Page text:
Here’s the scene. You want to buy a service from someone but you’re not quite sure if he or she is going to do the job to your satisfaction. What do you do?
This isn’t an unusual situation. You’re about to deal with someone or a company you’ve never dealt with before. Maybe it’s time to add a new furnace to your home or perhaps you’re getting your vehicle repaired at a garage for the first time. How do you know they’re going to do a good job? How do you know you’re not going to be “ripped” off? What can they do to put your mind at ease before you spend your hard-earned money?
We wanted to add a two-level deck to the side of our home this summer. Now, I’m pretty handy with tools but when it comes to building something this big and comprehensive, I don’t know a deck from a dock, so I wanted a pro to do the job.
Like most people who don’t really know what’s involved in a project like this or what a reasonable price is, we went out for the traditional three price quotes.
We finally settled on Mike who was the highest quote but had done an excellent job of positioning himself and his ideas for the deck. Again, not knowing much about this type of thing, we wanted some assurances before we moved ahead with this big-bucks job.
We called Mike and told him that he had the job and that we wanted two references. It was at this point that Mike informed us that “he doesn’t do references.” After a brief chat about why he wouldn’t (or couldn’t) provide us with references, we thanked him and moved on to our second, and less expensive, choice.
Mike doesn’t do references and we don’t do contractors who don’t do references. Mike lost the job simply because he wouldn’t come up with the names of one or two satisfied customers.
You may have never had a sale taken back from you because you were unable to provide references or other evidence of performance, but how many sales have you lost because there was a nagging doubt in the prospect’s mind that you didn’t put to rest? You may never know the answer to that question.
How many of you forget to bring out some testimonial letters at the appropriate time in your presentation. Heck, how many of you even have testimonial letters with you to bring out?
If you have doubts and concerns when you make a major purchase, it’s safe to assume the same things happen with some of your prospects. What can you do to put your prospect’s minds at ease?
No matter how good your product or service, or how wonderful your sales presentation, a couple of questions are floating around the prospect’s mind. One of those silent questions is, “Can you prove it?” and another is “Who else says so?” Answer these questions effectively and you’re well on your way to a sale.
I’ve implied that these questions are silent and many times they are, but they still exist in your prospect’s mind. Other times, like our request to Mike for a couple of references, they’re not so silent. Either way, it’s best to be prepared to answer them effectively.
Here are three “prove-it” sales tools to help overcome your prospect’s natural concern.
The first of these tools is the tried-and-true testimonial. The most popular form of testimonial is undoubtedly the testimonial letter from a satisfied customer. Don’t be afraid to ask for a testimonial letter when you know your customer is particularly pleased with what he received in terms of product, service, or after-sale support.
You can get more mileage out of a testimonial letter if it’s undated. Sometimes you can request that the letter be not dated, or you can simply make a copy of the letter with the date removed.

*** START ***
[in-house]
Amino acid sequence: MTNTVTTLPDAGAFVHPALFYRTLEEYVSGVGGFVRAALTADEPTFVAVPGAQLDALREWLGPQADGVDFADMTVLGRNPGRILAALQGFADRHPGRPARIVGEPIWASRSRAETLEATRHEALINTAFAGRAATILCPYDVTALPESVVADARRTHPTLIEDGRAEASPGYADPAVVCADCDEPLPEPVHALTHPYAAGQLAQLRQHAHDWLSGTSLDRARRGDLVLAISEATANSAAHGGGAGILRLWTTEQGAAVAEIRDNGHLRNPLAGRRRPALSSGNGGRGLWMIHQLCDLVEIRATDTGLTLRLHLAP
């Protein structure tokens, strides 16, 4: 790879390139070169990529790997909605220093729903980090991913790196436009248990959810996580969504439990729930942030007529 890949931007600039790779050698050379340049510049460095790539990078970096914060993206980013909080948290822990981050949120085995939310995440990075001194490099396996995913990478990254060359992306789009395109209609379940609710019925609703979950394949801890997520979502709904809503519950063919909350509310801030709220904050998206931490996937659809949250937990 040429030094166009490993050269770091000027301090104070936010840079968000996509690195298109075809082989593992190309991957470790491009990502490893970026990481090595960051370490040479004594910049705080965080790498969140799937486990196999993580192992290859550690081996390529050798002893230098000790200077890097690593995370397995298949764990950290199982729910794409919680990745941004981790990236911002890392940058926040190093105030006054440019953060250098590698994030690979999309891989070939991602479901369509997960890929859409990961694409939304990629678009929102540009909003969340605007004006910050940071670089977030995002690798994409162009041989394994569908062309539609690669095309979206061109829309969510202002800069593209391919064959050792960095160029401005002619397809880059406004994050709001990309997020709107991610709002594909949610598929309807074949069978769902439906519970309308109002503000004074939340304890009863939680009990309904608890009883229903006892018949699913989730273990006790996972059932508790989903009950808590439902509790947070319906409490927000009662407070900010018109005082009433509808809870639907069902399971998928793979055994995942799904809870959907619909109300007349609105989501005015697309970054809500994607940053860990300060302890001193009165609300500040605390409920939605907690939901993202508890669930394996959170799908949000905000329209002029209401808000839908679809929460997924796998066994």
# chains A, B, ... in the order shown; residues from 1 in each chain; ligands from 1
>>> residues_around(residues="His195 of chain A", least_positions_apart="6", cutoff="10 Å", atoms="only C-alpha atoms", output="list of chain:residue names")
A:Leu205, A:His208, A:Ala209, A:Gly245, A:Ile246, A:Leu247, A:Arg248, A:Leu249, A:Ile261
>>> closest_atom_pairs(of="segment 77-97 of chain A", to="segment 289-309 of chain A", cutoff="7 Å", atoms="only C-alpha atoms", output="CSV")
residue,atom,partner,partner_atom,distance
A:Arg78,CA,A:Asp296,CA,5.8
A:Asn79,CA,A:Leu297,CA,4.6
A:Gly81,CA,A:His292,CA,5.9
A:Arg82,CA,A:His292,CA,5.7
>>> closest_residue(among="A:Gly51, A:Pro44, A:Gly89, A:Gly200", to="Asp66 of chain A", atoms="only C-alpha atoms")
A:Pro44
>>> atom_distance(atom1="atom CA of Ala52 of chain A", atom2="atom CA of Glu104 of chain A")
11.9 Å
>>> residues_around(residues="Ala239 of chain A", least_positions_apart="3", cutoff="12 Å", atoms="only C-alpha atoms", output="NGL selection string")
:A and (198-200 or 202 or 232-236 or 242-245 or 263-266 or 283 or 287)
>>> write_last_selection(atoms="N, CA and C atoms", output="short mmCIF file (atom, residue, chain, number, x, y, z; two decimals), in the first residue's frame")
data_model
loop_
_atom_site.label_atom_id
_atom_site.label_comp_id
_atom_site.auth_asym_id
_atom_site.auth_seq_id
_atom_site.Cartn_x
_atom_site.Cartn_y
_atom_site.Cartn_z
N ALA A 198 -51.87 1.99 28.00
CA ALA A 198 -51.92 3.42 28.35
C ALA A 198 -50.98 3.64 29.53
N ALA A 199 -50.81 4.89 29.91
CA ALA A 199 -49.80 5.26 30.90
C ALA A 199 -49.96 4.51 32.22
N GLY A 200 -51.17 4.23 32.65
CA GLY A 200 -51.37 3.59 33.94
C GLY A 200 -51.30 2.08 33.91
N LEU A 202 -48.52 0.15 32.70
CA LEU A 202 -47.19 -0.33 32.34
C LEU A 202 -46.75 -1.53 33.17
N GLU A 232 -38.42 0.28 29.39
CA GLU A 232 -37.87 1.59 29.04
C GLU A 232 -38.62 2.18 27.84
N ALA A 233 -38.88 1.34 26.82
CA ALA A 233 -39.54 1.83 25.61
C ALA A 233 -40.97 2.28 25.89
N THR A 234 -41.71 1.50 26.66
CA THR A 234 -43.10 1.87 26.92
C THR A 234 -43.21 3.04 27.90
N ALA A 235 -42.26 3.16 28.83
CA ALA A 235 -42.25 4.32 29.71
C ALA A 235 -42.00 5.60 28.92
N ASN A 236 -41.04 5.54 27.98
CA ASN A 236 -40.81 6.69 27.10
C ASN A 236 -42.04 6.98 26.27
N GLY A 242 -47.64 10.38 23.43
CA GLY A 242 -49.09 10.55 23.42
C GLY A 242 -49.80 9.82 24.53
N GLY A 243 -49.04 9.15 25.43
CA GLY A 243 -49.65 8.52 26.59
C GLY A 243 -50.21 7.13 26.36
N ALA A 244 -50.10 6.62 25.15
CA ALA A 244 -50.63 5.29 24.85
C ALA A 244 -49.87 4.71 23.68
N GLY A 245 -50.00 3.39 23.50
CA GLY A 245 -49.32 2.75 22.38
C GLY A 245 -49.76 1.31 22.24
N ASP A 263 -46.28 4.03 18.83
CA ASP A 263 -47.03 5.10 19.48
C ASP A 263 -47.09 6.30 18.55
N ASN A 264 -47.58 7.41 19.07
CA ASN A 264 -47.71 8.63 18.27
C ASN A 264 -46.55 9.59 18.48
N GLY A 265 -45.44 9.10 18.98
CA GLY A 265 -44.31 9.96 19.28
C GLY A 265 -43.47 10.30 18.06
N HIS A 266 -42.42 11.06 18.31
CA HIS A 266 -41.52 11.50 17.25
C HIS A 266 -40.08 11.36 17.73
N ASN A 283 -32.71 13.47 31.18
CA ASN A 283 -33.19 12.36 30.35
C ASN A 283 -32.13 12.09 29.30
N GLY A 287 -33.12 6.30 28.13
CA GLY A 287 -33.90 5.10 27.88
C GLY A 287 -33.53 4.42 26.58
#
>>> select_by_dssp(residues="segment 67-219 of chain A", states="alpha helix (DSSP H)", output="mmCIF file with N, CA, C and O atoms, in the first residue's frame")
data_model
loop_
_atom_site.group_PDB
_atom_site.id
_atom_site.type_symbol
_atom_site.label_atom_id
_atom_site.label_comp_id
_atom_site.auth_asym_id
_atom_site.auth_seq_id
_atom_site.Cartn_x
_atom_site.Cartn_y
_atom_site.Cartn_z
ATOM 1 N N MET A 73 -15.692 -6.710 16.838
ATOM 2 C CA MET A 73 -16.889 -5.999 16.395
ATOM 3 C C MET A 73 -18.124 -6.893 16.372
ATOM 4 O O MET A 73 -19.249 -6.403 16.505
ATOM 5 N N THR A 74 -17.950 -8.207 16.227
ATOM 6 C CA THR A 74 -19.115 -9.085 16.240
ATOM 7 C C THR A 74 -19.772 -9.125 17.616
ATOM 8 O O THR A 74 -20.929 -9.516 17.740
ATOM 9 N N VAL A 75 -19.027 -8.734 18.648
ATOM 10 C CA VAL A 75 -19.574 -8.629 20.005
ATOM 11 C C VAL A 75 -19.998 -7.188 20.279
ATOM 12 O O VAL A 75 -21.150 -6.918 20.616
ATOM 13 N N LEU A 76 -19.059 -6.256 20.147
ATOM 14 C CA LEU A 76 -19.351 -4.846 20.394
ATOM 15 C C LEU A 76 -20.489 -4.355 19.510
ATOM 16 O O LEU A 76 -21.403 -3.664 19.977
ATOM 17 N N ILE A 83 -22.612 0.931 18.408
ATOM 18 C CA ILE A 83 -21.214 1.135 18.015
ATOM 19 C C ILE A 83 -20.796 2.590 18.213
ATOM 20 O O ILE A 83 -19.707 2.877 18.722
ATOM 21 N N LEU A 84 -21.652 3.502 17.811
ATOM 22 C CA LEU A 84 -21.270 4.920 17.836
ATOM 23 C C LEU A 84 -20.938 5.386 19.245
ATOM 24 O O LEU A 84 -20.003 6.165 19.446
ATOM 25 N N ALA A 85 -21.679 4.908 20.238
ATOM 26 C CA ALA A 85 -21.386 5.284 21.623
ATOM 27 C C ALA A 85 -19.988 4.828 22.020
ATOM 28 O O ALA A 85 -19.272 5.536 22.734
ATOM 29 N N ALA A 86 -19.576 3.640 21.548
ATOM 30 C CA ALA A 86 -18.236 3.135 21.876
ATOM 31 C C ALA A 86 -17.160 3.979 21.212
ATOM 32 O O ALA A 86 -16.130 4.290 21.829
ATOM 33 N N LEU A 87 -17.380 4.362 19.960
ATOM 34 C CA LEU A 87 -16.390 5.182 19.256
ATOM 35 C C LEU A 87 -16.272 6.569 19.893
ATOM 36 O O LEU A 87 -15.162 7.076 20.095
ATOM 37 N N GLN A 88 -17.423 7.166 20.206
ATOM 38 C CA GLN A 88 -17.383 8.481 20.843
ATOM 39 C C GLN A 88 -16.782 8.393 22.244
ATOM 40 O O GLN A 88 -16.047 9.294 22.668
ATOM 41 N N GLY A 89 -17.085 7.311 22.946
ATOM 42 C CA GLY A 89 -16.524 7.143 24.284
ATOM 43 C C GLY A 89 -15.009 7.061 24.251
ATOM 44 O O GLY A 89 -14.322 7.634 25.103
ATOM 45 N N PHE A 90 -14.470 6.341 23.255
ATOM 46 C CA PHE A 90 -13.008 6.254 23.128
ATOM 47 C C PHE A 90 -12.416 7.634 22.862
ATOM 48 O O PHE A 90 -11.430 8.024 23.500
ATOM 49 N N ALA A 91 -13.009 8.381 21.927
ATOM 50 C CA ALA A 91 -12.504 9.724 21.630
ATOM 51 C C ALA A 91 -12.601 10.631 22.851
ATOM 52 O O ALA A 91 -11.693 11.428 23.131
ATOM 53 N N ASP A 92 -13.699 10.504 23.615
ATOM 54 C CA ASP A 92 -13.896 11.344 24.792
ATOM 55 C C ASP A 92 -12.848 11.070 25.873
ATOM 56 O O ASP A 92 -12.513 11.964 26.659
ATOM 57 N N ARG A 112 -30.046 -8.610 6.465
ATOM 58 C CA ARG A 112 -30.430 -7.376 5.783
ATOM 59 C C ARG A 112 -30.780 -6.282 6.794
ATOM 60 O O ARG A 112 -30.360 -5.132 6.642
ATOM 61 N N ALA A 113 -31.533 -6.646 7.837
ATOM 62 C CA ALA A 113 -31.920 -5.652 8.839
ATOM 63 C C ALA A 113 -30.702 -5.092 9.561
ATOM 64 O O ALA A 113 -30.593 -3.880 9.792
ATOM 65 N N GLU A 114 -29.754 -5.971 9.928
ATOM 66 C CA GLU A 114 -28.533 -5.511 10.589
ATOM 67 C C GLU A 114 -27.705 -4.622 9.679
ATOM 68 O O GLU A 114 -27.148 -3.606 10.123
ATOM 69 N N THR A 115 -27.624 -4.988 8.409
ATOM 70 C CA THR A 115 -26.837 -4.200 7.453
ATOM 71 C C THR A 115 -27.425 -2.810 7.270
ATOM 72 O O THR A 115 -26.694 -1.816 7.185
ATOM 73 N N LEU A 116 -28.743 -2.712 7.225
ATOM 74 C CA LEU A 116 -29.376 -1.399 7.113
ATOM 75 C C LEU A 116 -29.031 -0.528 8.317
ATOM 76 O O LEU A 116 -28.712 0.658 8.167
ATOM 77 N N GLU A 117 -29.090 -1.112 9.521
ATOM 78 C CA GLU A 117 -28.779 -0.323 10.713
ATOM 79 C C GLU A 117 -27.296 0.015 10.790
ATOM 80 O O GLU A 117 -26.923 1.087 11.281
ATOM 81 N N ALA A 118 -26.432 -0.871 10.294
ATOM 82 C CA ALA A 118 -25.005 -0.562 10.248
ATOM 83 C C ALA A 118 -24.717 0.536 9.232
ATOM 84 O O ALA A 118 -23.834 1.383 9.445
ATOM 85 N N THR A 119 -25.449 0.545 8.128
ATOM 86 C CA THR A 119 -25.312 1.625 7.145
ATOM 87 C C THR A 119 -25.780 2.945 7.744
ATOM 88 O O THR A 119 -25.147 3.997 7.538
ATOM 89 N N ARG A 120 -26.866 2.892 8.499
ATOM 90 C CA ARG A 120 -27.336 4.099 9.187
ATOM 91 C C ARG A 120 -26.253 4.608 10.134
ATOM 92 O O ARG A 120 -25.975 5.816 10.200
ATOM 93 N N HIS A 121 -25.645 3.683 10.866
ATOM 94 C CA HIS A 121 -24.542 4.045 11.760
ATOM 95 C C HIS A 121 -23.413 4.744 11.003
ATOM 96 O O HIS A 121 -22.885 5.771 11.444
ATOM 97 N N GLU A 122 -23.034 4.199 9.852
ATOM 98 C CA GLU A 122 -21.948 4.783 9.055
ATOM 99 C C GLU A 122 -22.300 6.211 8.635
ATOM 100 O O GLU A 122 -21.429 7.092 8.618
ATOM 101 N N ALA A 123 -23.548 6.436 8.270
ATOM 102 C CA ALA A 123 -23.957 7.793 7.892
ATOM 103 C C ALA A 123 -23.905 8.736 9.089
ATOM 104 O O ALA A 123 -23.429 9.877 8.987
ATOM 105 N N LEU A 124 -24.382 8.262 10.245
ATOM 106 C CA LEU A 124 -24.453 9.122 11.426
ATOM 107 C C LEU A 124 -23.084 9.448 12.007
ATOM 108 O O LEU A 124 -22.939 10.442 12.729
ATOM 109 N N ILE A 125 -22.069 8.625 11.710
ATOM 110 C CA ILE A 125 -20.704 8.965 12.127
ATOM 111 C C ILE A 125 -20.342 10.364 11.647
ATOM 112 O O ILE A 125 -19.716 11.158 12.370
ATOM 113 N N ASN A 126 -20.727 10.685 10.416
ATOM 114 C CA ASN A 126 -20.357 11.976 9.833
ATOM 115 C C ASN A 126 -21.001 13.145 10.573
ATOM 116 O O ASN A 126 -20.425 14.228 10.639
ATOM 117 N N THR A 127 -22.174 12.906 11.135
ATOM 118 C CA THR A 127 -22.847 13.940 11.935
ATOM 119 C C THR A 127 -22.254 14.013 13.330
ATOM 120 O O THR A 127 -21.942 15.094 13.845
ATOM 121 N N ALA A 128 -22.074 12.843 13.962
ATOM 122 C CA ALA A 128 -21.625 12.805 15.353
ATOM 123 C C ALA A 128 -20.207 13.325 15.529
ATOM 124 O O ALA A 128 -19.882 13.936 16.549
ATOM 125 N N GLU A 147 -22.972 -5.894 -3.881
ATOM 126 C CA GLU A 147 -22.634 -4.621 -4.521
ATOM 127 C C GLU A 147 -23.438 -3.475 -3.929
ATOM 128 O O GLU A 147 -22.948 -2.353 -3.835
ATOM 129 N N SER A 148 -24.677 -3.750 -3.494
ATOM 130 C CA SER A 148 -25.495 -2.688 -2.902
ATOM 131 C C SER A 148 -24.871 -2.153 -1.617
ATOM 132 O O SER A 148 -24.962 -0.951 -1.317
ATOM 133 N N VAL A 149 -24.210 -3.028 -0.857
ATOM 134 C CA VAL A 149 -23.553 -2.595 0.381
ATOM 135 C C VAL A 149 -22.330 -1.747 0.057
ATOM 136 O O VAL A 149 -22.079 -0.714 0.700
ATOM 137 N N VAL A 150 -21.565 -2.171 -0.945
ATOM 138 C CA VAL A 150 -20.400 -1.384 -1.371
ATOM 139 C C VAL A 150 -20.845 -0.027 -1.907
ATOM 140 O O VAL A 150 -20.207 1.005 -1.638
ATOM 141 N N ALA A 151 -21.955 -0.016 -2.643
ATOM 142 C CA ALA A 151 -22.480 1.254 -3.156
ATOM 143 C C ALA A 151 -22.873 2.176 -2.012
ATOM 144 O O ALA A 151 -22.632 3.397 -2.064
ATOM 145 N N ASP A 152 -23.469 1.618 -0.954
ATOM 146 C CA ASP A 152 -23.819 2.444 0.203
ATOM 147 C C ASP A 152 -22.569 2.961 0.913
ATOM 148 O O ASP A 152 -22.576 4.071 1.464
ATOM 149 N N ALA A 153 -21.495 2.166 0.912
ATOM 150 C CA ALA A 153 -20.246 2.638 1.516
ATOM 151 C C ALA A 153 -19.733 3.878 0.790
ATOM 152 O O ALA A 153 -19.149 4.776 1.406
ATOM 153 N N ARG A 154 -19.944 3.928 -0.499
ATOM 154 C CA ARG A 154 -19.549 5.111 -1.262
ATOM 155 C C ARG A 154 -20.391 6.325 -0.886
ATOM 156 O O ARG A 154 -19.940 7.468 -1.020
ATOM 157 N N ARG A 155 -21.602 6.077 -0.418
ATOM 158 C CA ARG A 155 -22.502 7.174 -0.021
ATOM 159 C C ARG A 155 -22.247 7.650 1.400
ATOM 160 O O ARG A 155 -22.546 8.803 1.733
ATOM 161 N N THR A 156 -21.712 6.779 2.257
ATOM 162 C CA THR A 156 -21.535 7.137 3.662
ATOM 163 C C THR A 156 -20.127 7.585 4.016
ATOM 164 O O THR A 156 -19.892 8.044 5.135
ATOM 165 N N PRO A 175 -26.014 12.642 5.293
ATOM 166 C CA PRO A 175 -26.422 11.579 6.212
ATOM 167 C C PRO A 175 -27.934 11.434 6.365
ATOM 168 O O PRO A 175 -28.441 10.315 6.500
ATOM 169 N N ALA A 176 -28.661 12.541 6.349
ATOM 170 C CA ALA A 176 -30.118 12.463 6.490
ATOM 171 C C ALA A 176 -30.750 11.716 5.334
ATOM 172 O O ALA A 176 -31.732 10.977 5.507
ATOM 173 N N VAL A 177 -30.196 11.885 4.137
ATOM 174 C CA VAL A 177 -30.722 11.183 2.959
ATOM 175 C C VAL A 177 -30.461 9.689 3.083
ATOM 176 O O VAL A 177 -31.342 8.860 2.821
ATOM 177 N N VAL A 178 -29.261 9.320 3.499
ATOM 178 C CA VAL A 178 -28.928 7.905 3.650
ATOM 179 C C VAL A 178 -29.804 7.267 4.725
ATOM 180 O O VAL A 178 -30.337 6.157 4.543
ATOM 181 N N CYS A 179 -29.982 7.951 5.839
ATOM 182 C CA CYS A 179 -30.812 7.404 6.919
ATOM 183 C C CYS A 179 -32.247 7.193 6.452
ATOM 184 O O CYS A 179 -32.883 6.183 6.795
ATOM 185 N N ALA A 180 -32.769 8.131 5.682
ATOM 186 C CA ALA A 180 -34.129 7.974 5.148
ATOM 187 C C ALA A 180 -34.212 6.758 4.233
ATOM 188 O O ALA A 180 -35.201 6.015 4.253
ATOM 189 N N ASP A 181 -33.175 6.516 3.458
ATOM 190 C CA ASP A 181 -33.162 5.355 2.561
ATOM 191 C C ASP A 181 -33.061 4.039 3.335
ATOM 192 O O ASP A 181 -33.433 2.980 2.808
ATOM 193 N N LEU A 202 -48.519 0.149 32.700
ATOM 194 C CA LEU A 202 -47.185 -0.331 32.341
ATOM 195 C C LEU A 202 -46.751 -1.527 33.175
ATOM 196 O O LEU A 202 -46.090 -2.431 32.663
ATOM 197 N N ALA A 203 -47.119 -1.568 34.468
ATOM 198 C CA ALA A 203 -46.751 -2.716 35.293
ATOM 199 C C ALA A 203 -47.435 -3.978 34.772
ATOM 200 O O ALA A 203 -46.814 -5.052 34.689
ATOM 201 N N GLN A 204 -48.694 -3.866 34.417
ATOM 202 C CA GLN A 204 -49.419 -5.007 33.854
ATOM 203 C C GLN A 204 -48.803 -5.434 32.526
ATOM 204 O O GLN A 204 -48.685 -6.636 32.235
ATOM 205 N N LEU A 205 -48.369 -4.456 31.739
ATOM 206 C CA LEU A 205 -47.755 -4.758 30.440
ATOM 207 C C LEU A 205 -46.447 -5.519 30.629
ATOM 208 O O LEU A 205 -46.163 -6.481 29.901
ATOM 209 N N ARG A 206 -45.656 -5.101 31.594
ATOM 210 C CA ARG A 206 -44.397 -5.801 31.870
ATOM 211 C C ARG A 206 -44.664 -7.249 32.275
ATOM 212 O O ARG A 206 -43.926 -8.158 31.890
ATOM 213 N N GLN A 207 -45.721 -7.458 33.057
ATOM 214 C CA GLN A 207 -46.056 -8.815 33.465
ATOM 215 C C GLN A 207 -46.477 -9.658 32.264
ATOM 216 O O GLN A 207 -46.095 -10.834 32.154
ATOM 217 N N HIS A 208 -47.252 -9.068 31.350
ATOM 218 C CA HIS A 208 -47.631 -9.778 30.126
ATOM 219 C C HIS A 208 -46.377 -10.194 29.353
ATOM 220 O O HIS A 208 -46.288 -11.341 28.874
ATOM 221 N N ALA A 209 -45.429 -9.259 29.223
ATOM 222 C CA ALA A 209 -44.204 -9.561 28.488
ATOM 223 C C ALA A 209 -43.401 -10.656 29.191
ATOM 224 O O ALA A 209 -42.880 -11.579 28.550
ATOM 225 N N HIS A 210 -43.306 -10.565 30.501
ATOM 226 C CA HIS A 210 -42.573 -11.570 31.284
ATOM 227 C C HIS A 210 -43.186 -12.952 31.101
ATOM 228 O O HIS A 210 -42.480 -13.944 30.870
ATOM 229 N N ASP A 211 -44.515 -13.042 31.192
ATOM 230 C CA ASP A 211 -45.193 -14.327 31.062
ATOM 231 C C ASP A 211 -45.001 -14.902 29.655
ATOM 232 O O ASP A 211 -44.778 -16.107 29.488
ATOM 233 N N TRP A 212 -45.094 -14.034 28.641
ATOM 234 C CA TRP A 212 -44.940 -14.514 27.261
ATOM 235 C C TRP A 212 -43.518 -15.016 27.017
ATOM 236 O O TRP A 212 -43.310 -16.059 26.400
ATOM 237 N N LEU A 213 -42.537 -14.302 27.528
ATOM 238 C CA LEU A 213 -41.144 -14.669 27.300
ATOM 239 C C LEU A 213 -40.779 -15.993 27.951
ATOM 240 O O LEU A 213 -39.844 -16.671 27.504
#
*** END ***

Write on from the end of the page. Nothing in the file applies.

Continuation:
Verbal testimonials can be used when you have satisfied customers who are willing to receive a phone call from your prospect. The interesting thing about verbal testimonials is that prospects rarely call. Just knowing they can is often evidence enough.
Sometimes just showing the prospect a list of the companies or customers you’ve done work for in the past—a customer list—is enough to put the prospect’s mind at ease.
Portfolios of case studies or pictures of previous projects and past successes are also powerful forms of testimonials.
(2) Tell a Story
The second prove-it tool is the use of stories — true stories, not fiction. Using examples or stories of satisfied customers who have used and benefited from your services is yet another way to provide peace of mind to your prospect. The rules for using examples are that they should be:
- Accurate (don’t embellish the truth!)
- Right length (short)
For example, at SalesForce Training we often share the story of Doug Lees who, after he took our sales training program, increased his closing ratio from 41 to 54 percent, an increase of almost 32 percent.
(3) Use Experts
Our third prove-it tool is the use of outside sources. Using the testimony of expert sources or publicly available statistics to prove your point can also do the job. Having impartial, third-party testimonials from well-known and respected people, respected industry organizations, or government agencies are all powerful selling tools.
You can often find this type of evidence by scouring the Internet. Once you have a web address for the information you want your prospect to see, you can pass on the URL to him or print out the information and give it to him directly.
Remove the Doubt
Like any good craftsman, you need to have the right tools in your tool belt if you are to do the best job you can. We’ve just explored three of these tools. Use them to remove the doubt and make the sale.
SalesForce Training & Consulting is a professional coaching and training firm that specializes in helping companies navigate their way in a Salesforce.com environment. SalesForce Training is based in Toronto, with trainers in Boston and Chicago, providing sales coaching, sales management consulting, Salesforce.com training and Salesforce.com Admin support, sales training and sales personnel assessments.